This book brings together leading scholars in the history of science, history of universities, intellectual history, and the history of the Royal Society, to honor Professor Mordechai Feingold. The essays collected here reflect the impact Feingold's scholarship has had on a range of fields and address several topics, including: the dynamic pedagogical techniques employed in early modern universities, networks of communication through which scientific knowledge was shared, experimental techniques and knowledge production, the life and times of Isaac Newton, Newton's reception, and the scientific culture of the Royal Society. Modeling the interdisciplinary approaches championed by Feingold as well as the essential role of archival studies, the volume attests to the enduring value of his scholarship and sets a benchmark for future work in the history of science and its allied fields.
Anna Marie Roos earned her PhD from the University of Colorado. She has taught at Salisbury University (USA), the University of Minnesota, and the University of Oxford. She is currently Professor of the History of Science and Medicine at the University of Lincoln (UK). Roos has been a visiting fellow at All Souls College, Oxford; a Fellow at the Huntington Library; a John Rylands Fellow at the University of Manchester; and Beinecke Fellow at Yale. Roos was the recipient of the John C. Thackray Medal for her work in the history of natural history, and in 2023, she will deliver the Gideon de Laune Medal Lecture at the Worshipful Society of Apothecaries of London. She is a fellow of the Linnean Society of London and the Society of Antiquaries of London. Roos is the Editor-in-Chief of Notes and Records: the Royal Society Journal of the History of Science. Author of 10 books and editions, and dozens of journal articles and book chapters, her latest book is Martin Folkes (1690-1754): Newtonian, Antiquary, Connoisseur (Oxford University Press, 2021). Her work has been funded by the National Science Foundation, the Andrew Mellon Foundation, the Arts and Humanities Research Council, the British Academy, the Royal Society of London, the Wellcome Trust, the McKnight Foundation, the Society of Authors, and the Lincoln Record Society.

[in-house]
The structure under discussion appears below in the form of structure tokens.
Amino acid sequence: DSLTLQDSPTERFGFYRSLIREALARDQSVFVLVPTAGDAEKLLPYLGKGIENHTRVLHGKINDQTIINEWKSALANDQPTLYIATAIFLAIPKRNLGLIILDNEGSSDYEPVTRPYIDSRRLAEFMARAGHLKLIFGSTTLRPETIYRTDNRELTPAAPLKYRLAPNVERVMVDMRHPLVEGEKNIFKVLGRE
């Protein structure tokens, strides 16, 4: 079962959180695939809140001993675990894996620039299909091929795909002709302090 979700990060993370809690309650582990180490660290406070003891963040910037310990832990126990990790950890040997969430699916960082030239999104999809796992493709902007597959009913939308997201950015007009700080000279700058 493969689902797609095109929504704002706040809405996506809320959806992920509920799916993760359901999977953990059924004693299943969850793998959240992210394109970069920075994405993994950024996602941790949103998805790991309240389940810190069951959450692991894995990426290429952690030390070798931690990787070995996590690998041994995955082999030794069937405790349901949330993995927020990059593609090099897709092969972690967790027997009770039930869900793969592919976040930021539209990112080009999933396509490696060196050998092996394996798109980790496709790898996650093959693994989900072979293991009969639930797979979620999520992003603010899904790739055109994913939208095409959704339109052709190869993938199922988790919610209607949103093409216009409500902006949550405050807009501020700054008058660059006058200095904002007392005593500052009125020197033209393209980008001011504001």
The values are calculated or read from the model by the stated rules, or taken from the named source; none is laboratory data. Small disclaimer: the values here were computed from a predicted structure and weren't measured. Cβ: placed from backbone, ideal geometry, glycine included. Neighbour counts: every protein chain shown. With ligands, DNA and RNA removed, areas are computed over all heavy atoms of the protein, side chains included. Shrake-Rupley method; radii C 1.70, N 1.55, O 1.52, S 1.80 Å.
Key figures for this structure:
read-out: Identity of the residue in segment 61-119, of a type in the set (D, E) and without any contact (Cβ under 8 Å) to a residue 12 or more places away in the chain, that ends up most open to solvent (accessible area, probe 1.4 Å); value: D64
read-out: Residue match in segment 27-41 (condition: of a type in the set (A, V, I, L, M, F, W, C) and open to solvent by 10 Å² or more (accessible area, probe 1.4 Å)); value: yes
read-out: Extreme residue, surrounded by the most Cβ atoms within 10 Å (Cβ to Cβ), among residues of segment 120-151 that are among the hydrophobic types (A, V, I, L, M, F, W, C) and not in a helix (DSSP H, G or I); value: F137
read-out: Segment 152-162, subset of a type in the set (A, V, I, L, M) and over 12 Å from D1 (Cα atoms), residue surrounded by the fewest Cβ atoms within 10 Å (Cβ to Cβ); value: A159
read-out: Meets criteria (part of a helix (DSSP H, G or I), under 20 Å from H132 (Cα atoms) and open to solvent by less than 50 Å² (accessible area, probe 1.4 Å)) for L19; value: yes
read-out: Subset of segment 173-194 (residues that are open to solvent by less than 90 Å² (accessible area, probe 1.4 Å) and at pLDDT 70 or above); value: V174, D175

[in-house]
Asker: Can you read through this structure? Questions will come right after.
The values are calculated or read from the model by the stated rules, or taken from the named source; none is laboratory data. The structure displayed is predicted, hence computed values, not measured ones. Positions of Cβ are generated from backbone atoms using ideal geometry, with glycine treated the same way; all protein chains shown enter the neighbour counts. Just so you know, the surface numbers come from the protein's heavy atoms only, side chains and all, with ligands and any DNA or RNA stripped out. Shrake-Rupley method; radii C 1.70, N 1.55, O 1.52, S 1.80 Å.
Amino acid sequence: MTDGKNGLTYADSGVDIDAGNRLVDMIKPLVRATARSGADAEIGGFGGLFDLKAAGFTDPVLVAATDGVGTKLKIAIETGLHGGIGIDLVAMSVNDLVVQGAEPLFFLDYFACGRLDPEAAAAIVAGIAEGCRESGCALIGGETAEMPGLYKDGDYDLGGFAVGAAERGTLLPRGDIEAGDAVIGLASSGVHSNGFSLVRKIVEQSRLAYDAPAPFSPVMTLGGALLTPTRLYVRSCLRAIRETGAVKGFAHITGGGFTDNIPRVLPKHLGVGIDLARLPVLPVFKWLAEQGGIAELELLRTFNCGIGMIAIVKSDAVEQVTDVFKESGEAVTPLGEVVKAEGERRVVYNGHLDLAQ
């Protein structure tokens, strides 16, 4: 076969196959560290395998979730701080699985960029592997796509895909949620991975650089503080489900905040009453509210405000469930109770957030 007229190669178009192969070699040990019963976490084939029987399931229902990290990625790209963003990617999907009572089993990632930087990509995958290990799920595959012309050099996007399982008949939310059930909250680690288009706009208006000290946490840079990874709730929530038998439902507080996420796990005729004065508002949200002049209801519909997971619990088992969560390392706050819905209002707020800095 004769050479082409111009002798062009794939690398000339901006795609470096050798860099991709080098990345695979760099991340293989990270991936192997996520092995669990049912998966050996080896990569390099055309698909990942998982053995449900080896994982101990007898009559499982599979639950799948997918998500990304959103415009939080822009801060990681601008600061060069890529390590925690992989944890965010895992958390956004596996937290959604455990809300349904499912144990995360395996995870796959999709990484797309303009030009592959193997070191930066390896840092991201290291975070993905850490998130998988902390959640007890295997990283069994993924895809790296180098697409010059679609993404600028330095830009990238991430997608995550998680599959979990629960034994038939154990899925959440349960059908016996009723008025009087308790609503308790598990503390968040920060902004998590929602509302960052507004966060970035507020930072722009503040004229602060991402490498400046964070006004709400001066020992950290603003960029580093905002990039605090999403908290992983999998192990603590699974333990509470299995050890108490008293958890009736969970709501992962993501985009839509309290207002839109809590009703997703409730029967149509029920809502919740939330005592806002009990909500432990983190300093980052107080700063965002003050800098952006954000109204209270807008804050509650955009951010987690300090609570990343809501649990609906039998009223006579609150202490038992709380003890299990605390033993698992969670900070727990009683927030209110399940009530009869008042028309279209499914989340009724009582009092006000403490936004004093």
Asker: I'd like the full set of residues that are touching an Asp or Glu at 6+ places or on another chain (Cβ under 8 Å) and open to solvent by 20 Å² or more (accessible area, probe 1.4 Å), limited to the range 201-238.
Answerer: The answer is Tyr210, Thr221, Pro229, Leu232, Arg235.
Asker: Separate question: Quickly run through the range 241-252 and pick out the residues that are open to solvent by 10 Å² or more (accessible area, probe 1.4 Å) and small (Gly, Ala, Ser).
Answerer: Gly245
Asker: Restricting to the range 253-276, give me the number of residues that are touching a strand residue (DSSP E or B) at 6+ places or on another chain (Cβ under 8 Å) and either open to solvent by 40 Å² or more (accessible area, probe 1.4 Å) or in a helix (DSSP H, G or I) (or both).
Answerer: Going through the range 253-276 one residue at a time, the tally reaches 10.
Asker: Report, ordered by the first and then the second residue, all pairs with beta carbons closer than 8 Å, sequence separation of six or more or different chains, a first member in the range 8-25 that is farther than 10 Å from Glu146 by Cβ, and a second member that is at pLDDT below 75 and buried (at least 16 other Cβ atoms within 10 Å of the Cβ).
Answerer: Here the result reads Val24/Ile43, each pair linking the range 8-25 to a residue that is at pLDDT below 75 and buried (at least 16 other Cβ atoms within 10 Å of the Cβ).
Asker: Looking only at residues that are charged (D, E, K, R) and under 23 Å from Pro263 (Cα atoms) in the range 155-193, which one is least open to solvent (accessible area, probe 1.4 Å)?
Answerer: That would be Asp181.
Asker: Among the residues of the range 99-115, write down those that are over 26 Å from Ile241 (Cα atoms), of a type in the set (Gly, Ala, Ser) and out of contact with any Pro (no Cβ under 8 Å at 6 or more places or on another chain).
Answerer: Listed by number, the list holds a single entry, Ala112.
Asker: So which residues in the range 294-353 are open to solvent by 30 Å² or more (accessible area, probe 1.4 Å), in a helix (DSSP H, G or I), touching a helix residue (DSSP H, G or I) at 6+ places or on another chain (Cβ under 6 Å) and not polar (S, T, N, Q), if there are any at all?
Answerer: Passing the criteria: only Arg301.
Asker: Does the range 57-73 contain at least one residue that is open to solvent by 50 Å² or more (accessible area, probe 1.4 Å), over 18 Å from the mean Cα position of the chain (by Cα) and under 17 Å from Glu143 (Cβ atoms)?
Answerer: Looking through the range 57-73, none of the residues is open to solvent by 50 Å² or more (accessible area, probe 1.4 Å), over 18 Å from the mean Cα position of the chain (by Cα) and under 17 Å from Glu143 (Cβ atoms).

Gideon Manning earned his PhD from the University of Chicago. He has taught at the University of Pittsburgh and served on the faculty at the College of William and Mary and the California Institute of Technology. He is currently Director, Program in the History of Medicine, at the Cedars Sinai Medical Center, where he is also Associate Professor of History of Medicine and Humanities. He is also Research Associate Professor in Early Modern Studies at Claremont Graduate University. Manning research has been supported by the Andrew W. Mellon Foundation and most recently by the Max Planck Institute for the History of Science, Department I. He is a past associate editor of HOPOS: The Journal of the International Society for the History of Philosophy of Science, edits the Medicine Section for the Springer On-line Encyclopedia of Early Modern Philosophy and Science and serves as the Books Review Editor for Annals of Science. Manning is the author of dozens of journal articles and book chapters, and the editor or co-editor of four volumes, including Professors, Physicians and Practices in the History of Medicine and Testimones: States of Mind and States of the Body in the Early Modern Period, both with Springer.